The first 500 commemorative medals honoring Gloucester's quadricentennial are ready for purchase.
Minted in antique bronze by Medalcraft Mint of Green Bay, Wisconsin, the 1.5-inch, high-relief medals with the award-winning design by local artist Beth Swan can be purchased at The Brass Monkey, 85 Main St.
“At this time of year, it’s natural for all of us to look back on the extraordinary challenges our city has faced in 2020, while looking ahead to the promise of the coming year,” said Bruce Tobey, co-chairman of the Gloucester400 Steering Committee and president of Gloucester Celebration Corporation. “The past year has been an inflection point in Gloucester’s story and is remarkably analogous to the city’s past four centuries of hope and challenge — represented so beautifully in the design of our commemorative medals.”
Swan’s design — "Out at Sea" — captures the city's harborside: The front of each medal is dominated by Gloucester's iconic Man at the Wheel, shown against a rising sun that symbolizes the hope and optimism of a new day. The reverse depicts the city's historic landmarks contrasted with a modern-day wind turbine, looking simultaneously back at Gloucester’s sturdy origins and ahead to a skyline that reflects progress and the future. Below the skyline, a codfish swims beneath the waves as a reminder of the ocean's role in the lives of the city’s families and businesses since 1623.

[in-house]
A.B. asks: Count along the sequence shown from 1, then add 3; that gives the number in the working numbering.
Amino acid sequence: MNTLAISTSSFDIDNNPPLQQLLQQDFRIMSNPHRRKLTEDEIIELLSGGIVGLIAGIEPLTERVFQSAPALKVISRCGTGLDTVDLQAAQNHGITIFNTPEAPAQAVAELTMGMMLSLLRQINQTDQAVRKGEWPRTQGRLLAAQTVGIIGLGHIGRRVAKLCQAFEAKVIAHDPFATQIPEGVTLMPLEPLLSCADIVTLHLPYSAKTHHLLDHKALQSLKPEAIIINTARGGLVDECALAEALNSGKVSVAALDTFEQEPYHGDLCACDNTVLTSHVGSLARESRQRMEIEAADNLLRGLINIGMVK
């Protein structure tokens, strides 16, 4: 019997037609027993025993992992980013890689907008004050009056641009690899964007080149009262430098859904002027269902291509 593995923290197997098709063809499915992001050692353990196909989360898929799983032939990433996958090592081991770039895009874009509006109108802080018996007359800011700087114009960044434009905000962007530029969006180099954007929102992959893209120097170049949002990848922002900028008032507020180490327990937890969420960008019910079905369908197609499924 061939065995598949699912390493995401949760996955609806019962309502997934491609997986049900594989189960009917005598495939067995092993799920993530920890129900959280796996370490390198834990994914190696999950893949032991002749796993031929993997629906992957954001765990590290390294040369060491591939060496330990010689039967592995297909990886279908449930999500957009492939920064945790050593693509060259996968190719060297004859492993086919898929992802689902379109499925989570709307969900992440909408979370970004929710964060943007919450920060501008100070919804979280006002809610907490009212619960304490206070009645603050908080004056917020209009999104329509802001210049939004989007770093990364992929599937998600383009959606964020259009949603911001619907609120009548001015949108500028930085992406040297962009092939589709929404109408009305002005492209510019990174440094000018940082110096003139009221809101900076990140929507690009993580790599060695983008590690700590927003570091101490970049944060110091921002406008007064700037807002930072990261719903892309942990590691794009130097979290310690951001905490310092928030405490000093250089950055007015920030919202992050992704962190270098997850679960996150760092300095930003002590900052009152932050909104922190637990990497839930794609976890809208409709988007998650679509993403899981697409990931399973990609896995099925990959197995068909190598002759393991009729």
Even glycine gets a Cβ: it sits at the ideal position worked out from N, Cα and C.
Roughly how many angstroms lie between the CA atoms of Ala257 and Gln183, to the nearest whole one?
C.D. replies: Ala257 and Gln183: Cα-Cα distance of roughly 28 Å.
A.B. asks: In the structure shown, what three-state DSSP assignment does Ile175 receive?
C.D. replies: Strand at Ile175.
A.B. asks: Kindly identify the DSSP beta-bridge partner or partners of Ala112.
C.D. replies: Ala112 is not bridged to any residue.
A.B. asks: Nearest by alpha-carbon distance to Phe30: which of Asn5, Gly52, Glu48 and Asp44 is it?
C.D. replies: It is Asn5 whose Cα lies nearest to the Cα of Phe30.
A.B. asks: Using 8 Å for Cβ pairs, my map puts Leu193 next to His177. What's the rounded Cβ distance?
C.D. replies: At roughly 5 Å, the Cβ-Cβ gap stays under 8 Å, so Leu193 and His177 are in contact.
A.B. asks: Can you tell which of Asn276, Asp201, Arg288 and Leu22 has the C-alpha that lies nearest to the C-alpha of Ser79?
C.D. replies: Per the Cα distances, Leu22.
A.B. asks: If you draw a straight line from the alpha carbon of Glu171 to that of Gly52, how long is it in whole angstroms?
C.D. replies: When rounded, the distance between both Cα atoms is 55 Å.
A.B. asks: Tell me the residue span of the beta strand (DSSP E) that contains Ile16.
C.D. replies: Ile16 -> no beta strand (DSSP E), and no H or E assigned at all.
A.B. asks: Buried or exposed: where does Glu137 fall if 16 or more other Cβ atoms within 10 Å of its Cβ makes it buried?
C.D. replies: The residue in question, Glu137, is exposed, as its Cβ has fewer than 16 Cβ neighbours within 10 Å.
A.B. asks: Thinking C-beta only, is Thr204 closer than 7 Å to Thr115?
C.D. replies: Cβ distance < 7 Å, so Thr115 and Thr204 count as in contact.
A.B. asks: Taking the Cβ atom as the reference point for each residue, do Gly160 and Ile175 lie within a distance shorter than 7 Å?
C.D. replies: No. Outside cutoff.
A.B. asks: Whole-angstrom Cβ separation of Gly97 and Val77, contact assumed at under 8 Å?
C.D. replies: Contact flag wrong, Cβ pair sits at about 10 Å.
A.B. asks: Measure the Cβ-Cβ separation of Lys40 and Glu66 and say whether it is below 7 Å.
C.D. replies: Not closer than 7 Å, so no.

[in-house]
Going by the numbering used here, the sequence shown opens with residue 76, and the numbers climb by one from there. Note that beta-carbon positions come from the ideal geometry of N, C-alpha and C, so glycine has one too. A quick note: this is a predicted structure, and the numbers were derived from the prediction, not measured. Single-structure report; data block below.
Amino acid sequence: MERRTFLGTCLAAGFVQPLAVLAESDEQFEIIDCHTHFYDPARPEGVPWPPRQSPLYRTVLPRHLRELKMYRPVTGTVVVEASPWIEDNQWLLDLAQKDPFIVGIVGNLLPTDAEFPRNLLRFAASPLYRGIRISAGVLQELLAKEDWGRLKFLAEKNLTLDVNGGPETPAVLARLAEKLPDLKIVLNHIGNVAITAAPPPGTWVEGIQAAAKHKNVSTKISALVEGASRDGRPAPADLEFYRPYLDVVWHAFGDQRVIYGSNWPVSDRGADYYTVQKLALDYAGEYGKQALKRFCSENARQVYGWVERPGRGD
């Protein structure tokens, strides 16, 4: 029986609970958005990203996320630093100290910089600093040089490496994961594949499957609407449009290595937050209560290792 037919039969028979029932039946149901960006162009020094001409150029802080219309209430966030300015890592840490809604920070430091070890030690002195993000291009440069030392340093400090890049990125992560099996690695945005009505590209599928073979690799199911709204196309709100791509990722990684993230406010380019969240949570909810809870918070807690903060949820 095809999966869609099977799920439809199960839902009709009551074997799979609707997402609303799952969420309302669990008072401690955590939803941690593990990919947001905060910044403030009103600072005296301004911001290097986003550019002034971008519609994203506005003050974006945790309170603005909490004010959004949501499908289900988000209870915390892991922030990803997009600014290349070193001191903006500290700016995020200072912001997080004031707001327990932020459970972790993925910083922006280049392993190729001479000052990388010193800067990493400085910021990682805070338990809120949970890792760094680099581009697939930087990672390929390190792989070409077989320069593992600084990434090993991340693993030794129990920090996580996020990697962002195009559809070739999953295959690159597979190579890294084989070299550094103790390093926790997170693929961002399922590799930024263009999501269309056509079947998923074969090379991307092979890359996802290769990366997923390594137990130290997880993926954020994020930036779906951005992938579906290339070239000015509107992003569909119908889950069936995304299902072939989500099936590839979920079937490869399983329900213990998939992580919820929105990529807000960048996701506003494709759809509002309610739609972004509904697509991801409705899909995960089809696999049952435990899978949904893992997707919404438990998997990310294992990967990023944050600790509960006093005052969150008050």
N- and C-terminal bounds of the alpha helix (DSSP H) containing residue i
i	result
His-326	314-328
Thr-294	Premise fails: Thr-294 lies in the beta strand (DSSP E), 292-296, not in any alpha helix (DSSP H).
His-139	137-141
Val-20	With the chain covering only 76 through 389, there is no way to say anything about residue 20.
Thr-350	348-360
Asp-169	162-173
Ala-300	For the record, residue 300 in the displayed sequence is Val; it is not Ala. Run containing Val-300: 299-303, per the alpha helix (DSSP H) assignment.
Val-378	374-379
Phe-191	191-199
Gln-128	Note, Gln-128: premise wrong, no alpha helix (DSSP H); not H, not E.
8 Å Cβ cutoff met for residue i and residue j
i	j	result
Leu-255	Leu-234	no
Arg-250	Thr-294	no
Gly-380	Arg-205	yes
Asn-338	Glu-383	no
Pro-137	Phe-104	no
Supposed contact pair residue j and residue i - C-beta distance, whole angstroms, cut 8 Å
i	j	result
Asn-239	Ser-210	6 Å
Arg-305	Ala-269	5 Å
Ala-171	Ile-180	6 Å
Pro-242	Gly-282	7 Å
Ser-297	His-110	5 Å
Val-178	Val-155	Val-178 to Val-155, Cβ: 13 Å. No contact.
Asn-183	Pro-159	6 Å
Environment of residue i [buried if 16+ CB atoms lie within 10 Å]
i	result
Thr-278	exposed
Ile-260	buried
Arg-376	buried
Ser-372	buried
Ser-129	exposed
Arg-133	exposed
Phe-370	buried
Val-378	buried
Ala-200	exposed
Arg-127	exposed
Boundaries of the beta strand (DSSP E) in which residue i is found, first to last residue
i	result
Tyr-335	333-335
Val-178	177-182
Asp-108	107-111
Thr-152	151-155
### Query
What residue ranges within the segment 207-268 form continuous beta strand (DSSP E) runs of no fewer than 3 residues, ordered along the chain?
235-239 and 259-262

“Long before I learned about the medallic design competition, I was inspired by our life in Gloucester to create the illustration that eventually became the design that I submitted,” Swan said. “I couldn’t possibly be happier or more honored that today these medals will represent Gloucester’s 400th for generations to come.”
Swan was named the winner in February of three finalists who competed to design the city's commemorative medal. In addition to her design being known as the official medal of the city's quadricentennial celebration, Swan received $10,000 in prize money.
Available for purchase at The Brass Monkey, the medals are priced at $40 with 100% of the proceeds benefiting the city’s 400th Anniversary celebration.
“I am really excited the way the medal turned out,” said Tom Lance, the owner of The Brass Monkey. Lance has been working with the 400th Committee as the liaison between the committee and the designer and mint. “The fisherman at the wheel and the cod really come out of the medal to meet you.”
While there is not an option to order a medal online yet, Lance said that anyone who would like one without having to come to the store should call 978-879-4761 to make arrangements.
“We want it in the hands of the people that really want it,” he said.
Taylor Ann Bradford can be reached at 978-675-2705 or firstname.lastname@example.org.